Staff at Moore Park and Museum keep local civil rights activists’ legacy alive
By Clarissa Moon and Tania Sims
Sonya Mallard said she thinks of visitors to the Harry T. and Harriette V. Moore Memorial Park & Museum as family.
“I don’t even like to call them guests; they’re just family, right?" said Mallard, who is the coordinator at the cultural center. “If you came to my house, I would invite you, sit you down, and we’re going to talk over some food, correct? We will have something to drink and make it intimate. That’s what we do here; we welcome you with open arms at the door.’’
The park in Mims continues the legacy of civil rights activists Harry and Harriette Moore. The couple became America's first civil rights martyrs after a bomb exploded underneath their bed on Christmas night 1951.
Located at the Moores’ original home site, the 12-acre park encompasses a complex with a cultural center and museum, as well as a replica of the Moores’ home.
The center offers free tours to both visiting schools and individuals. Mallard said the museum gets around 375 visitors each month.
She said each tour begins in the conference room, where guests watch a movie.
If it's a student tour group, Mallard and her staff will then prepare them to go into the museum by having a discussion about the Jim Crow era and doing a motivational exercise she likes to call "Harry and Harriette Says."
After spending time in the conference room, visitors then move to the museum.
The museum exhibit tells the Moores’ story within the broader context of Black history. It includes a timeline of information about national events such as the Emancipation Proclamation of 1863, the formation of the NAACP in 1909 and local events like the Ocoee massacre of 1920.
Cultural center leader and docent Carshonda Wright said the timeline highlights important events Moore may have noticed that led to his activism.
"Florida did have a lot of things going on that were controversial at the time," she said. "It led to the conclusion that Mr. Moore really felt in his heart he needed to do something."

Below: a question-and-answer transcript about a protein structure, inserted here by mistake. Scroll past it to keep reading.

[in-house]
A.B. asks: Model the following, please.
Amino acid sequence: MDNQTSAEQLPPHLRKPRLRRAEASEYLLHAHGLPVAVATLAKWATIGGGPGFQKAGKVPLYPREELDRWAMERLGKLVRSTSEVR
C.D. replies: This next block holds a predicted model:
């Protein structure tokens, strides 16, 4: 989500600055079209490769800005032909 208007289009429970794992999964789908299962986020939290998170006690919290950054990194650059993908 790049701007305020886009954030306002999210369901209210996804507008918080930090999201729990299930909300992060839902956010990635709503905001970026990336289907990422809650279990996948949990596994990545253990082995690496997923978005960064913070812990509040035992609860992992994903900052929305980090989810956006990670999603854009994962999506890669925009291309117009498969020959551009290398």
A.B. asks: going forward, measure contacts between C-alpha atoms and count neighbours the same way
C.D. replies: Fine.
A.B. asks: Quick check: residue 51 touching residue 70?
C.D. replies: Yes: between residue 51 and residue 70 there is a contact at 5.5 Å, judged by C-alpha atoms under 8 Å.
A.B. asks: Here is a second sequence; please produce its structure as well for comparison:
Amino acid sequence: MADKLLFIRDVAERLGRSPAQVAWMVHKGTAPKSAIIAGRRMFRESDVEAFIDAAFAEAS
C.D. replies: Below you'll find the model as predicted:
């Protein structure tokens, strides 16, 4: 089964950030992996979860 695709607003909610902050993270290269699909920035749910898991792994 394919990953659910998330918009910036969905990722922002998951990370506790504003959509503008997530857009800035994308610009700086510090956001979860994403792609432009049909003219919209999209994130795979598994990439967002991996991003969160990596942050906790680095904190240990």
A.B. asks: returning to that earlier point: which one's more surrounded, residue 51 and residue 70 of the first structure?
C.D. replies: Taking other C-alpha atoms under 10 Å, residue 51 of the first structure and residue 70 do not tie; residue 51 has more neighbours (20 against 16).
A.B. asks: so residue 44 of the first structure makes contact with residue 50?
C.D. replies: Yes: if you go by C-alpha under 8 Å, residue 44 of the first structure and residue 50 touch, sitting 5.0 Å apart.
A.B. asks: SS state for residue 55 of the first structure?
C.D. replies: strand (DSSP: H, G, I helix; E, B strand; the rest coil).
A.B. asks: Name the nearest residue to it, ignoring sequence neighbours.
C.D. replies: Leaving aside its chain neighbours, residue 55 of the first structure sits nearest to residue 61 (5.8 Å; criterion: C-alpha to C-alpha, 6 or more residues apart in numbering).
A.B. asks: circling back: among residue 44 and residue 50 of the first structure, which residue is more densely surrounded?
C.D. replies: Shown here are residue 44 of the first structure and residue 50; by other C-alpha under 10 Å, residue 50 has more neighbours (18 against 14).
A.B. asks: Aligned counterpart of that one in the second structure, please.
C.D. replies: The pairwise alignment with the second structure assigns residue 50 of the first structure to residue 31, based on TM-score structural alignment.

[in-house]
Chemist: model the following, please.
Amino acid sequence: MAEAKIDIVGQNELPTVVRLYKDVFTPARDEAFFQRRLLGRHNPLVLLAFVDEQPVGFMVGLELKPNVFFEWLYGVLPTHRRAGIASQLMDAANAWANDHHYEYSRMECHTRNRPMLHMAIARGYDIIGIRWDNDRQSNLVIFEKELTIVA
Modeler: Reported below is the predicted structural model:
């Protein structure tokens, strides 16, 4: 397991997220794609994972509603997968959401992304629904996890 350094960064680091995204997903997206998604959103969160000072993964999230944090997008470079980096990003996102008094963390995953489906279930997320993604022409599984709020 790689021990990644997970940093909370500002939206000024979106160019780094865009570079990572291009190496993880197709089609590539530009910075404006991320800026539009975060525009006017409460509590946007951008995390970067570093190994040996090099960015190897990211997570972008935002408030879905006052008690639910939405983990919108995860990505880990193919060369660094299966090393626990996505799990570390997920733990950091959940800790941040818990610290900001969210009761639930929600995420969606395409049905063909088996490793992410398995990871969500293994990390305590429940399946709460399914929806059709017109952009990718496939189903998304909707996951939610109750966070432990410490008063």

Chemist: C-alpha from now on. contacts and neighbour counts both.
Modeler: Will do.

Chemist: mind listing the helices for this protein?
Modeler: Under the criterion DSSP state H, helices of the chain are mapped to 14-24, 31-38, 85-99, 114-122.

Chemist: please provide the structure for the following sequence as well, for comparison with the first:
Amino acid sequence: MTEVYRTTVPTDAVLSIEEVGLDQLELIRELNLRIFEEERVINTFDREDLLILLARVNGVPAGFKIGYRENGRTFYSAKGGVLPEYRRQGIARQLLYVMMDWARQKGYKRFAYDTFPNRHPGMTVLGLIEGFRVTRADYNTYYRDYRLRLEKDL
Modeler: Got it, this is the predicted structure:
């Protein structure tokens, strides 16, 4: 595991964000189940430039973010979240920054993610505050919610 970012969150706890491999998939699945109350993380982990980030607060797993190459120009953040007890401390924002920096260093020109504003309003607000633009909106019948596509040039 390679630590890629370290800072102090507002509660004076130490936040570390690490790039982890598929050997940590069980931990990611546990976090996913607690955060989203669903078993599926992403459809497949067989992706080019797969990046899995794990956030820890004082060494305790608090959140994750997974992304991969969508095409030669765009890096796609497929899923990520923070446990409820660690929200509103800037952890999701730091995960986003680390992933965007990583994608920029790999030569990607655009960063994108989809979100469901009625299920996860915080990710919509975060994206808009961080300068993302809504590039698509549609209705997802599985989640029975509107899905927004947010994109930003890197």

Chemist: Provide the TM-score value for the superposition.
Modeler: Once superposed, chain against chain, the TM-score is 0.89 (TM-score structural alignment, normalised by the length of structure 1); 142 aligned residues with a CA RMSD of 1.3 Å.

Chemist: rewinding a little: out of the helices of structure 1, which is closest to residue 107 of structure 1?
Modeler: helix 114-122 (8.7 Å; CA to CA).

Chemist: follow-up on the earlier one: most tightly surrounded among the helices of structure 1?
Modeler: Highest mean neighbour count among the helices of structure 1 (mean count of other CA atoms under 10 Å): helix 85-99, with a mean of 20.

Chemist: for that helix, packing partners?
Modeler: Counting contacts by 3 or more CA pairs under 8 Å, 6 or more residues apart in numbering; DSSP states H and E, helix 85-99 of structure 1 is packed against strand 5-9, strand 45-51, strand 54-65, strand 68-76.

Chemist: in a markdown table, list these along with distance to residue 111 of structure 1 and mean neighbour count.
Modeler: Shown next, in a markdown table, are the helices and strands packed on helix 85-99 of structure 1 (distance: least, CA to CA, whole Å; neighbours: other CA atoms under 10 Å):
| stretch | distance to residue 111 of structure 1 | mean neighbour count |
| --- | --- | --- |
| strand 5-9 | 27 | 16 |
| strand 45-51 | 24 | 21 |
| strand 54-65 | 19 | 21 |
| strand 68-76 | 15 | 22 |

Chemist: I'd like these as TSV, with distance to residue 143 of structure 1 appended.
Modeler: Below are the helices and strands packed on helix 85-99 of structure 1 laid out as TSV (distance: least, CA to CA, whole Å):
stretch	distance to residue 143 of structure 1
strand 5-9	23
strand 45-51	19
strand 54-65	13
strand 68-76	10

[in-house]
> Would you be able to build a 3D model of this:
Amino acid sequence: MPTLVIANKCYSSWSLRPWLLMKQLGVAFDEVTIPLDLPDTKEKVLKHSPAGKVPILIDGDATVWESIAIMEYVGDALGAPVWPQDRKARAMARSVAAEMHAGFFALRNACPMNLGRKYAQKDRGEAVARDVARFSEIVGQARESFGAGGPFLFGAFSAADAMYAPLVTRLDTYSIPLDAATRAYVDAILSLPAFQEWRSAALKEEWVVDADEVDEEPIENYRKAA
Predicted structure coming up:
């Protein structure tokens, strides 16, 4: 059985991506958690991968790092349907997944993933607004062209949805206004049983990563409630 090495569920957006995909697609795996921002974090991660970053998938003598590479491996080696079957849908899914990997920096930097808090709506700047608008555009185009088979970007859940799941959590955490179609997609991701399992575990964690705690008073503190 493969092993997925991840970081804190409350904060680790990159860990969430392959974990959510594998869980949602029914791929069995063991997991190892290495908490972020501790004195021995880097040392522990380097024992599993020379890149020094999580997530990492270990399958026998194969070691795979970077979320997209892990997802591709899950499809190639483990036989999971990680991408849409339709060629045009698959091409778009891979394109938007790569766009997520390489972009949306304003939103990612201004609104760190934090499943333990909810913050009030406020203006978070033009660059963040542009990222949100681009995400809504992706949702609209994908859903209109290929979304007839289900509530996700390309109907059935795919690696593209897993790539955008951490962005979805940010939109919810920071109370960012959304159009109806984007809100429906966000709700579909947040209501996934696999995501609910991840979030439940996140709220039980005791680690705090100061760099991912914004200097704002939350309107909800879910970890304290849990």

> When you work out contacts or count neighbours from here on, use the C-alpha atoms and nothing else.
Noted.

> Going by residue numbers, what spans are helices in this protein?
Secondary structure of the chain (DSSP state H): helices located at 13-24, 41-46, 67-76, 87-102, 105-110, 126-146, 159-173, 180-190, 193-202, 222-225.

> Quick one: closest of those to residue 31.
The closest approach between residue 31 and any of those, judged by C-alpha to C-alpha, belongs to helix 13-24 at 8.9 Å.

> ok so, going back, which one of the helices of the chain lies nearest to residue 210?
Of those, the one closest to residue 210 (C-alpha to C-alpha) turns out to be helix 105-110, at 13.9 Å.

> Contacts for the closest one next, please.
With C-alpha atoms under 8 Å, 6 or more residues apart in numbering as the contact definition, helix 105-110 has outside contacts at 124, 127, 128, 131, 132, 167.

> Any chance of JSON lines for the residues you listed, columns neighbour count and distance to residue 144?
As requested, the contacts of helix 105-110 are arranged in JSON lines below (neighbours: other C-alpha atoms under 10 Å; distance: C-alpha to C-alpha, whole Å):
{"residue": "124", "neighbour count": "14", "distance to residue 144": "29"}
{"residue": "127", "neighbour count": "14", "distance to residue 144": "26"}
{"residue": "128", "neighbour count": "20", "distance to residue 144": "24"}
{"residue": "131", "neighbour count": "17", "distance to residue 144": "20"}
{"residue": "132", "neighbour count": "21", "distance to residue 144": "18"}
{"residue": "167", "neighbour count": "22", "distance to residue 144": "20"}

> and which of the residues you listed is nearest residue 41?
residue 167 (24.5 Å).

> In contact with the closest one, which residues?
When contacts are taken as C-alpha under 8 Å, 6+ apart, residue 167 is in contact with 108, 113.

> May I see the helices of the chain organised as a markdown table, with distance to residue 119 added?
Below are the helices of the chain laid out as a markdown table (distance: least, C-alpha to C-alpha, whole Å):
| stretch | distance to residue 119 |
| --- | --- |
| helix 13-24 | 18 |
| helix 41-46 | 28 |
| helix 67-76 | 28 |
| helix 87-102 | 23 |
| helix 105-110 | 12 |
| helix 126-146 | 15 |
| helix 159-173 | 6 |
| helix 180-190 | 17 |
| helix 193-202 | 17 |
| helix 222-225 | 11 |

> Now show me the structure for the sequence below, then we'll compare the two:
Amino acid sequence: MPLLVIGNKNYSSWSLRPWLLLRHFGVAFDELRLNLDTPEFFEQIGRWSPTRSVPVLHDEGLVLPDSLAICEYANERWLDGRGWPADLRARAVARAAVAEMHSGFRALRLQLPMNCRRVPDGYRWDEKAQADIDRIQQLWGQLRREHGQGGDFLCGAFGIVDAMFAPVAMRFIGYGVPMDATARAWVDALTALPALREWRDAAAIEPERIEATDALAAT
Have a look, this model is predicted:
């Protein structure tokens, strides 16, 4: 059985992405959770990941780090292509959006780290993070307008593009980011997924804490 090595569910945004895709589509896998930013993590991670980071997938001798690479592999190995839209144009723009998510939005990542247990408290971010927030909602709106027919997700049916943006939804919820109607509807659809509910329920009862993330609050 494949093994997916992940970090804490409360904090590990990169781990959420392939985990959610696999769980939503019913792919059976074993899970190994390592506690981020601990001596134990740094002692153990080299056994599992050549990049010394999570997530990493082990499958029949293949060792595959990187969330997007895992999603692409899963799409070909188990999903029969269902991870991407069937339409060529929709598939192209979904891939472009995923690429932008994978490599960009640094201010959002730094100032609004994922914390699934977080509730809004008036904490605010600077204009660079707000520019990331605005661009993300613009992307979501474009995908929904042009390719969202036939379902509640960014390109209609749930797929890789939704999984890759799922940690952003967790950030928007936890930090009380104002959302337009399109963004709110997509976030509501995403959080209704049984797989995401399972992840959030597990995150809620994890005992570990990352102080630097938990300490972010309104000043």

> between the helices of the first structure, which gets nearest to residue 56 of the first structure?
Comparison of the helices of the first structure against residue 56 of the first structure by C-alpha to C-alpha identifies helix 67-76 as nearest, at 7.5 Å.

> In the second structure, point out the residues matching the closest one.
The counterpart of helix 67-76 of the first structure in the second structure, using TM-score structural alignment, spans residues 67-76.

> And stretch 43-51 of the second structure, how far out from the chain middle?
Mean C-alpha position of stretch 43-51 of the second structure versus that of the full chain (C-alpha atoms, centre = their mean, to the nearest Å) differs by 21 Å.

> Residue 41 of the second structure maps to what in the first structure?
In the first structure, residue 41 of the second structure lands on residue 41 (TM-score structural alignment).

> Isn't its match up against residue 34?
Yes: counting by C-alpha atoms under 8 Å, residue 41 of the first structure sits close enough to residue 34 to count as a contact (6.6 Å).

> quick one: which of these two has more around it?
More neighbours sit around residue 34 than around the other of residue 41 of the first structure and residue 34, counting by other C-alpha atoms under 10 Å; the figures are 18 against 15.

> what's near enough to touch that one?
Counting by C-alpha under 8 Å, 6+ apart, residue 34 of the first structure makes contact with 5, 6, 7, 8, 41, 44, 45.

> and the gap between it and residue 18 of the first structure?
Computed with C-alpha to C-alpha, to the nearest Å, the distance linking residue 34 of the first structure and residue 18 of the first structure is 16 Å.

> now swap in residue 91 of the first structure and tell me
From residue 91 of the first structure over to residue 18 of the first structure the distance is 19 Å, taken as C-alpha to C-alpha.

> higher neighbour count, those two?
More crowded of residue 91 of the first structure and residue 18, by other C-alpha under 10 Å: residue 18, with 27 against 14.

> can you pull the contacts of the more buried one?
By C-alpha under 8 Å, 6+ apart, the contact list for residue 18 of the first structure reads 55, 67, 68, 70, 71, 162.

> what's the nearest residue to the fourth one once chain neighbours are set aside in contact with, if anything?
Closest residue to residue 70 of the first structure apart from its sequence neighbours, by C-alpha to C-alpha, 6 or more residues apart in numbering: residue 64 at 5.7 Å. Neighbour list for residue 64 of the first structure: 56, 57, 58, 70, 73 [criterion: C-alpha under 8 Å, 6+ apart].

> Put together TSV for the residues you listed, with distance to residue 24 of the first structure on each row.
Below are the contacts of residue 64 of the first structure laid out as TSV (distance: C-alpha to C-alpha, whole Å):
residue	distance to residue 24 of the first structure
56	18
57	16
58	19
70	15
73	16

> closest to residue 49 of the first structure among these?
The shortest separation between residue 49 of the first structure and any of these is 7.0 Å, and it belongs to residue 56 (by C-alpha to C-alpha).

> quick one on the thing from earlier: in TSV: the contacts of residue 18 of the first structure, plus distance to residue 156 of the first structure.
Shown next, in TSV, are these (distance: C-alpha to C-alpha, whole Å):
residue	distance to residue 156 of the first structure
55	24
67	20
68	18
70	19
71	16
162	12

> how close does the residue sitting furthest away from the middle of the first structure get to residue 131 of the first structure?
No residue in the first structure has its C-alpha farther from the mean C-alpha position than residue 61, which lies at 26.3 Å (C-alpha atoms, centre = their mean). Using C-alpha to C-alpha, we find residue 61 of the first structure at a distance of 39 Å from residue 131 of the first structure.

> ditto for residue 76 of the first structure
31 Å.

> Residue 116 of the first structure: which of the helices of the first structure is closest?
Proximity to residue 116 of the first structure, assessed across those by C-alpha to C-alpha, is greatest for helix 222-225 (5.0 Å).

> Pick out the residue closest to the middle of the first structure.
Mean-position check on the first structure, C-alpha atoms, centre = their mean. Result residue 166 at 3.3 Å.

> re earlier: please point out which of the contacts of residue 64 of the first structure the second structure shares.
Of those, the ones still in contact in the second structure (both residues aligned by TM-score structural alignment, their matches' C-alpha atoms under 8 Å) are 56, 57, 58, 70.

Brevard County resident Chelsea Partridge said she had never heard of the Moores before visiting the museum and was surprised to learn that Florida played a role in the civil rights movement.
"You hear when you learn about the civil rights movement a lot about like, Selma, Alabama, and the March on Washington and things that happened in other places and you don't hear Florida oftentimes as part of that story," she said.
Wright said Harry Moore changed Florida’s political makeup by setting up local chapters of the NAACP and leading voter registration efforts.
Mallard said the Moores’ story has been forgotten.
“Three great tragedies: one, that they were murdered, two, that the murders have never been solved, and three, and perhaps the most tragic, is that they are basically unknown," she said.
Wright said the Moores’ deaths were a catalyst for the civil rights movement. After the bombing of the Moore home, the NAACP held a fundraising gala in New York City. The money raised that night was then used to fund the civil rights movement.
"If all the tragedy had not happened, all of those little grassroots efforts that were going on would not have consolidated and been able to have a big impact," she said.
After taking people through the museum, the staff walks visitors through the replica of the Moores’ home.
Mallard said for school tours, they bus students to the Moores’ graves at LaGrange Cemetery and end with a “family eating together’’ at a local restaurant.
She said she often has intimate conversations with visitors in her office after the tour.
“I believe in bringing people into my office, sitting down and talking together,’’ Mallard said. “I think it’s important. I think it all starts with a conversation.’’
Partridge said having conversations with Mallard and Wright was her favorite part of visiting the center.
“By having that level of interaction, you just get a deeper understanding, and I felt like I got a deeper appreciation by being able to talk to someone,’’ she said.
Partridge said going to the museum made her want to help share the Moores’ story.
“It made me very passionate about the Moore legacy,’’ she said. “The fact that this had happened, and I had never heard about it until I kind of sought it out – it made me want to tell others about it.’’
Wright said the Moores’ legacy shows that one family can make a difference.
“People often think that one person can't make a difference, but look at this family,’’ she said. “These people were before there was television, before we got to see all of these marches and all of that. They were a grassroots effort. Just he, his wife and children trying to make a difference in their community.’’